Once again, Guybrush must assemble a reluctant crew, sailing this time to Lucre Island and Jambalaya Island before ending up on Monkey Island. There he finds an enormous, robotic monkey and uses it to return to Mêlée. Ozzie has acquired the Ultimate Insult; he uses its power to enslave LeChuck, who has taken on the form of a gigantic statue of himself. Guybrush, piloting his robotic monkey, manages to hold off defeat long enough to allow Elaine to escape. The statue briefly gains a moment of free will, and crushes the scalp-mounted Ozzie as well as the Ultimate Insult. The power of the Insult causes an immense explosion that seemingly destroys LeChuck as well.
Tales of Monkey Island
Tales of Monkey Island opens with Guybrush catching up with LeChuck and Elaine, who was abducted by the undead pirate once again along with the Monkeys of Montevideo. While LeChuck is casting a spell on the monkeys, Guybrush attempts to kill LeChuck with a voodoo cutlass he assembled, but corrupts the voodoo spell needed to perfect the sword by using grog instead of voodoo root beer. The result is LeChuck transforming into a human and his voodoo energies being released in the form of the Pox of LeChuck. An explosion results in Guybrush being stranded on Flotsam Island, while the pox infects pirates all over the Caribbean. While on the island, Guybrush meets his old friend the Voodoo Lady, who informs him on the myths of La Esponja Grande, the only known cure of the pox, and tells him to find her former lover, Coronado De Cava, to find it.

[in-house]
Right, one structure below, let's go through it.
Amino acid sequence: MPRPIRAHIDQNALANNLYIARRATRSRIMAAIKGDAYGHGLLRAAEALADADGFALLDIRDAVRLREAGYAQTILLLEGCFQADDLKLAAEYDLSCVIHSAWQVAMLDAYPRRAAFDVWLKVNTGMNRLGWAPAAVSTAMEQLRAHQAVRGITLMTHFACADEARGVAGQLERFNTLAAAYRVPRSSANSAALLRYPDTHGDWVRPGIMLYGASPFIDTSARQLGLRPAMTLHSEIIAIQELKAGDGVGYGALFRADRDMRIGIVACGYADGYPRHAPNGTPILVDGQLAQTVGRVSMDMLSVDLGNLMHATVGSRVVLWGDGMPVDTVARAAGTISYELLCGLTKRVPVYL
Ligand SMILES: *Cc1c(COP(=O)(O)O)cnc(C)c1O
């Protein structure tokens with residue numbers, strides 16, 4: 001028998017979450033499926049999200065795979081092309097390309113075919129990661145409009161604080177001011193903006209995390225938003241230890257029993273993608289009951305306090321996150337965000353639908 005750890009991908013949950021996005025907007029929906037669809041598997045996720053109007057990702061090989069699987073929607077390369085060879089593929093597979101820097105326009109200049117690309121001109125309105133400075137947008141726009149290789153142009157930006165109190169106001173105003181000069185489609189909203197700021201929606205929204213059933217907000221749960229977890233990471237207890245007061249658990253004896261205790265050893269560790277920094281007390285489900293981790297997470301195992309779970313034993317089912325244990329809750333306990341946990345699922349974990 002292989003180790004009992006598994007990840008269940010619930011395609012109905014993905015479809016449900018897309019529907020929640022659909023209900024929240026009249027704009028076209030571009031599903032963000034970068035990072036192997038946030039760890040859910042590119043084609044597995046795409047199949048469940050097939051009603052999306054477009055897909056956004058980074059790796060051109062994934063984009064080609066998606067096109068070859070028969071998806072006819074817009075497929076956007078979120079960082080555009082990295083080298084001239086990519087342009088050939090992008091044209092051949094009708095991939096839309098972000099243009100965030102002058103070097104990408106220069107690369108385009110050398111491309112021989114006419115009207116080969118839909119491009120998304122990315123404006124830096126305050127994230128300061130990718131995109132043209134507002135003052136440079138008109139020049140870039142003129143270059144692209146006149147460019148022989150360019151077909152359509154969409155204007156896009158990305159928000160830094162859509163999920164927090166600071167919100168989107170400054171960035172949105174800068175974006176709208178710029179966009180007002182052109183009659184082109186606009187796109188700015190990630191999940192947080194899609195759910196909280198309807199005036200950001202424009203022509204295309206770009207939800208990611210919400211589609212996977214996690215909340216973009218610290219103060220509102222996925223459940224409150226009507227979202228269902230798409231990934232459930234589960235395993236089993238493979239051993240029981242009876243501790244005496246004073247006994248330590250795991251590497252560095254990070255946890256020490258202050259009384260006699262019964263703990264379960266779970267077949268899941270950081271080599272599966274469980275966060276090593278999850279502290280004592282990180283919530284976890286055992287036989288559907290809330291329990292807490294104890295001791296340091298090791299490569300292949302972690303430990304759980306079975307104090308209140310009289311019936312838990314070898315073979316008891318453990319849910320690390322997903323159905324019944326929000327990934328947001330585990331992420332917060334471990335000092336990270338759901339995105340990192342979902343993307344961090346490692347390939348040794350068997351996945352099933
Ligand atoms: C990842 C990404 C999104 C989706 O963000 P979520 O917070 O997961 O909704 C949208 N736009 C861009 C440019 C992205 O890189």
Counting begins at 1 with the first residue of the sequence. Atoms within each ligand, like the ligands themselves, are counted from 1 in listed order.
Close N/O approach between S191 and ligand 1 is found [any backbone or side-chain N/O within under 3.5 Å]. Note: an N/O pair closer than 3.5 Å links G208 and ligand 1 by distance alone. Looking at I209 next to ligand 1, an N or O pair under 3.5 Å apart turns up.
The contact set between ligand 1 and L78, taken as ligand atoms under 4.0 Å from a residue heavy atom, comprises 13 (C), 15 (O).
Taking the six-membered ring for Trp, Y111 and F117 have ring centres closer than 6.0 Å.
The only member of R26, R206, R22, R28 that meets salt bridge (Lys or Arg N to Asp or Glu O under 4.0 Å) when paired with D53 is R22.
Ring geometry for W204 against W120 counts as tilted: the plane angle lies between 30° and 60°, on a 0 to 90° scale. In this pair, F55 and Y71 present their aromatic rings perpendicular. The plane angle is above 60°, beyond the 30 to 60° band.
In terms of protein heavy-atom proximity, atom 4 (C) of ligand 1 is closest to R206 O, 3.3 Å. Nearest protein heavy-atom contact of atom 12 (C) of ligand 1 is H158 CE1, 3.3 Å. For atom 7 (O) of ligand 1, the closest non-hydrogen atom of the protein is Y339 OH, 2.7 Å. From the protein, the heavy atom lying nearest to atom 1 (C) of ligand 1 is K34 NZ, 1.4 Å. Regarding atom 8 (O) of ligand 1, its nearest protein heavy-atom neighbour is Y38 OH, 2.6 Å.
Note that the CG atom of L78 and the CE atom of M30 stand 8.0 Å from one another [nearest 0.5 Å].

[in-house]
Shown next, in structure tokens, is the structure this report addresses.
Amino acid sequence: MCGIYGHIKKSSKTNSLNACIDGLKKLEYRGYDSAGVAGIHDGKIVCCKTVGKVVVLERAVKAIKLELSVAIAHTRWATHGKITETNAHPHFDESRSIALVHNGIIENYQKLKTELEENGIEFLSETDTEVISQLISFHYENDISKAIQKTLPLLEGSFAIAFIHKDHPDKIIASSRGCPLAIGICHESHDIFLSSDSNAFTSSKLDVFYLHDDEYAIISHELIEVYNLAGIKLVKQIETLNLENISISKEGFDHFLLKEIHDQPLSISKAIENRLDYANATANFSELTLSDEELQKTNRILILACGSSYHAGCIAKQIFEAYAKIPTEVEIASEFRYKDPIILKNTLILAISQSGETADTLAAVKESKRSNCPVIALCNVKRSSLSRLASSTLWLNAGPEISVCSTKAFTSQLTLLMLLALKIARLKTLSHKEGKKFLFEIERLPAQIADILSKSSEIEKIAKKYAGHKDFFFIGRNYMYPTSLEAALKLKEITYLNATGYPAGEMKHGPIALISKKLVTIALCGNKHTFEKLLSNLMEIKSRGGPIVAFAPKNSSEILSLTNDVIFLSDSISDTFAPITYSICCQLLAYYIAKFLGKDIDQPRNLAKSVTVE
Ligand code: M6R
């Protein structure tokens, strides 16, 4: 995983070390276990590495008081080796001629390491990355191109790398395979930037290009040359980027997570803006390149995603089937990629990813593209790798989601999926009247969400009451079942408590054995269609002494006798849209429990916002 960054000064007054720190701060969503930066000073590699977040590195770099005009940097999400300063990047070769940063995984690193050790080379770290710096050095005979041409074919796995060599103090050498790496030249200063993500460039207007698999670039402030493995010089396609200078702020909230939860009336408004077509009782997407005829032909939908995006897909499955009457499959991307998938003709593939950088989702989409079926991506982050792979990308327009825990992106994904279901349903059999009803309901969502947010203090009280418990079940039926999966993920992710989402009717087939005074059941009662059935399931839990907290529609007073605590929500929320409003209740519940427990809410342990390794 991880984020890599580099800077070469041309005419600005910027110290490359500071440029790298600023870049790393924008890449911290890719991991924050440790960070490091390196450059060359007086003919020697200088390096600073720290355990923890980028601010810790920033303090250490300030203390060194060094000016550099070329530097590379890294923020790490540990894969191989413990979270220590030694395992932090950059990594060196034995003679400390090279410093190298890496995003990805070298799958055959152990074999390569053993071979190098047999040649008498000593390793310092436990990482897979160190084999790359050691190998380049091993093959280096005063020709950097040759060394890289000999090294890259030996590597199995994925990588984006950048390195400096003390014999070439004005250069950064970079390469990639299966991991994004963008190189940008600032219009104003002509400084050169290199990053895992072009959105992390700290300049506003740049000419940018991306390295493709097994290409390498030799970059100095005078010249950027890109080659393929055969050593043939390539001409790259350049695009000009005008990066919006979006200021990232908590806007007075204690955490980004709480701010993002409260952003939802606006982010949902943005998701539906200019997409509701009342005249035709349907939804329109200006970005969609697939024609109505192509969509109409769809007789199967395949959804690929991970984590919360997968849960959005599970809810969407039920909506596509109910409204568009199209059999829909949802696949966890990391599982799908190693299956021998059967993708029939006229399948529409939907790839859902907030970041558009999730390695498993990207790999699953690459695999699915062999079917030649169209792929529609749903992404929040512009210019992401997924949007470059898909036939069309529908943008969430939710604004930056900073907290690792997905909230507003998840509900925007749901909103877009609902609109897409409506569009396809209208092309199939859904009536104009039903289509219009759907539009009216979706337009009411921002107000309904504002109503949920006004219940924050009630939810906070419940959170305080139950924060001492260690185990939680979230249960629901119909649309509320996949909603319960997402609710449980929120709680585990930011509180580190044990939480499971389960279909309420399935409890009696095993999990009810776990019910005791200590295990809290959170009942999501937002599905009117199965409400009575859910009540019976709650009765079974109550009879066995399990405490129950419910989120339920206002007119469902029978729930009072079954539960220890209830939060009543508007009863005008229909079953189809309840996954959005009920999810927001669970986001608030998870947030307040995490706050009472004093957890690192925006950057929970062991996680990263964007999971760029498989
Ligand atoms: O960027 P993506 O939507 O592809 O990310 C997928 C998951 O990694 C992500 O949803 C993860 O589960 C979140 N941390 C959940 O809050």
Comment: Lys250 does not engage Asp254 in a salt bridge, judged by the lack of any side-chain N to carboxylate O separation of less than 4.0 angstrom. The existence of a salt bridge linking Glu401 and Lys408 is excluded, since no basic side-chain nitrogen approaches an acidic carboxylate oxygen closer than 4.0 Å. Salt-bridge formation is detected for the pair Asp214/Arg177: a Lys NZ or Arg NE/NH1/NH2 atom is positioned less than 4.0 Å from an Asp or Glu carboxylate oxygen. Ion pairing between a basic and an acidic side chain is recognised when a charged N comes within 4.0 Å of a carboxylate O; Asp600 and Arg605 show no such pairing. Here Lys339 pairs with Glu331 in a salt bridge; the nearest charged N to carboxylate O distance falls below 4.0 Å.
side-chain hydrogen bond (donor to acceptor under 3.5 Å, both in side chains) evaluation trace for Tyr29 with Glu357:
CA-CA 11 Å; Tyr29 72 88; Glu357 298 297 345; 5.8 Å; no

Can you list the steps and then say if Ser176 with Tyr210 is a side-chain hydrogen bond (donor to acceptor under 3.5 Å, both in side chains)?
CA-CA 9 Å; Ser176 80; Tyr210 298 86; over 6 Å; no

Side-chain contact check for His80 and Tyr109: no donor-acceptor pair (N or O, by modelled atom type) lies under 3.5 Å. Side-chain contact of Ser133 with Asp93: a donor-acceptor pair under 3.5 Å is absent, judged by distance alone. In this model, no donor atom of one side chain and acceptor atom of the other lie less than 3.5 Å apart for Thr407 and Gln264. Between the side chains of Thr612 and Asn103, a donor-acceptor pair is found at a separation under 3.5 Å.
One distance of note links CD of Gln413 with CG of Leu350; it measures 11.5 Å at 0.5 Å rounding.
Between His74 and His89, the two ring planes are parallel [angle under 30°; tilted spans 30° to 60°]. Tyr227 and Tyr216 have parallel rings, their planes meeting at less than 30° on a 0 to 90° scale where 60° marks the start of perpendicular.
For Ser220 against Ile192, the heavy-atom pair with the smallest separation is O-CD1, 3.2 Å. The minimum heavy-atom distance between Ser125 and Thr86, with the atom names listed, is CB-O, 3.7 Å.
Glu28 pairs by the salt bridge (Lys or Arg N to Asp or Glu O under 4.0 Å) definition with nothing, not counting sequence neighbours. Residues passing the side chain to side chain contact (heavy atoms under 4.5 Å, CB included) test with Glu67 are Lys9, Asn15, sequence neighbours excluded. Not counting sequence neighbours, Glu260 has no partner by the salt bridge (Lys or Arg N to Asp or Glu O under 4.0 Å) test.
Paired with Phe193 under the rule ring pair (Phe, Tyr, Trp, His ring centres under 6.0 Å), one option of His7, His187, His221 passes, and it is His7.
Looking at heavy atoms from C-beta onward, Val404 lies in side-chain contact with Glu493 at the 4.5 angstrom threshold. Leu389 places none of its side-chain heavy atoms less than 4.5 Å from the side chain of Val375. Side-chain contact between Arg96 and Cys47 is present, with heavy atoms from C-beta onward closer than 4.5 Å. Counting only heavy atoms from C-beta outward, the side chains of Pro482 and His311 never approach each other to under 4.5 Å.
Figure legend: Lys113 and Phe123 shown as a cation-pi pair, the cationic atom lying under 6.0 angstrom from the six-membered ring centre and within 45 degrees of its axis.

As Guybrush continues his quest, he enlists Reginald Van Winslow as his first mate and crosses paths with the insane Marquis De Singe, who is seeking to use the pox in Guybrush's hand for his own purposes, and Morgan LeFlay, a pirate bounty hunter who idolizes Guybrush and was hired by De Singe to obtain his hand. After losing his hand and defeating Morgan, Guybrush reunites with Elaine on the Jerkbait Islands and is forced to work with a seemingly reformed LeChuck to obtain the summoning artifacts to help him find La Esponja before poxed pirates do. When Guybrush acquires all three artifacts, stops the poxed pirates, and summons the creatures that will guide him to La Esponja, Guybrush goes off to find the sponge while Elaine stays with LeChuck to help him in returning the Monkeys of Montevideo to their proper habitats.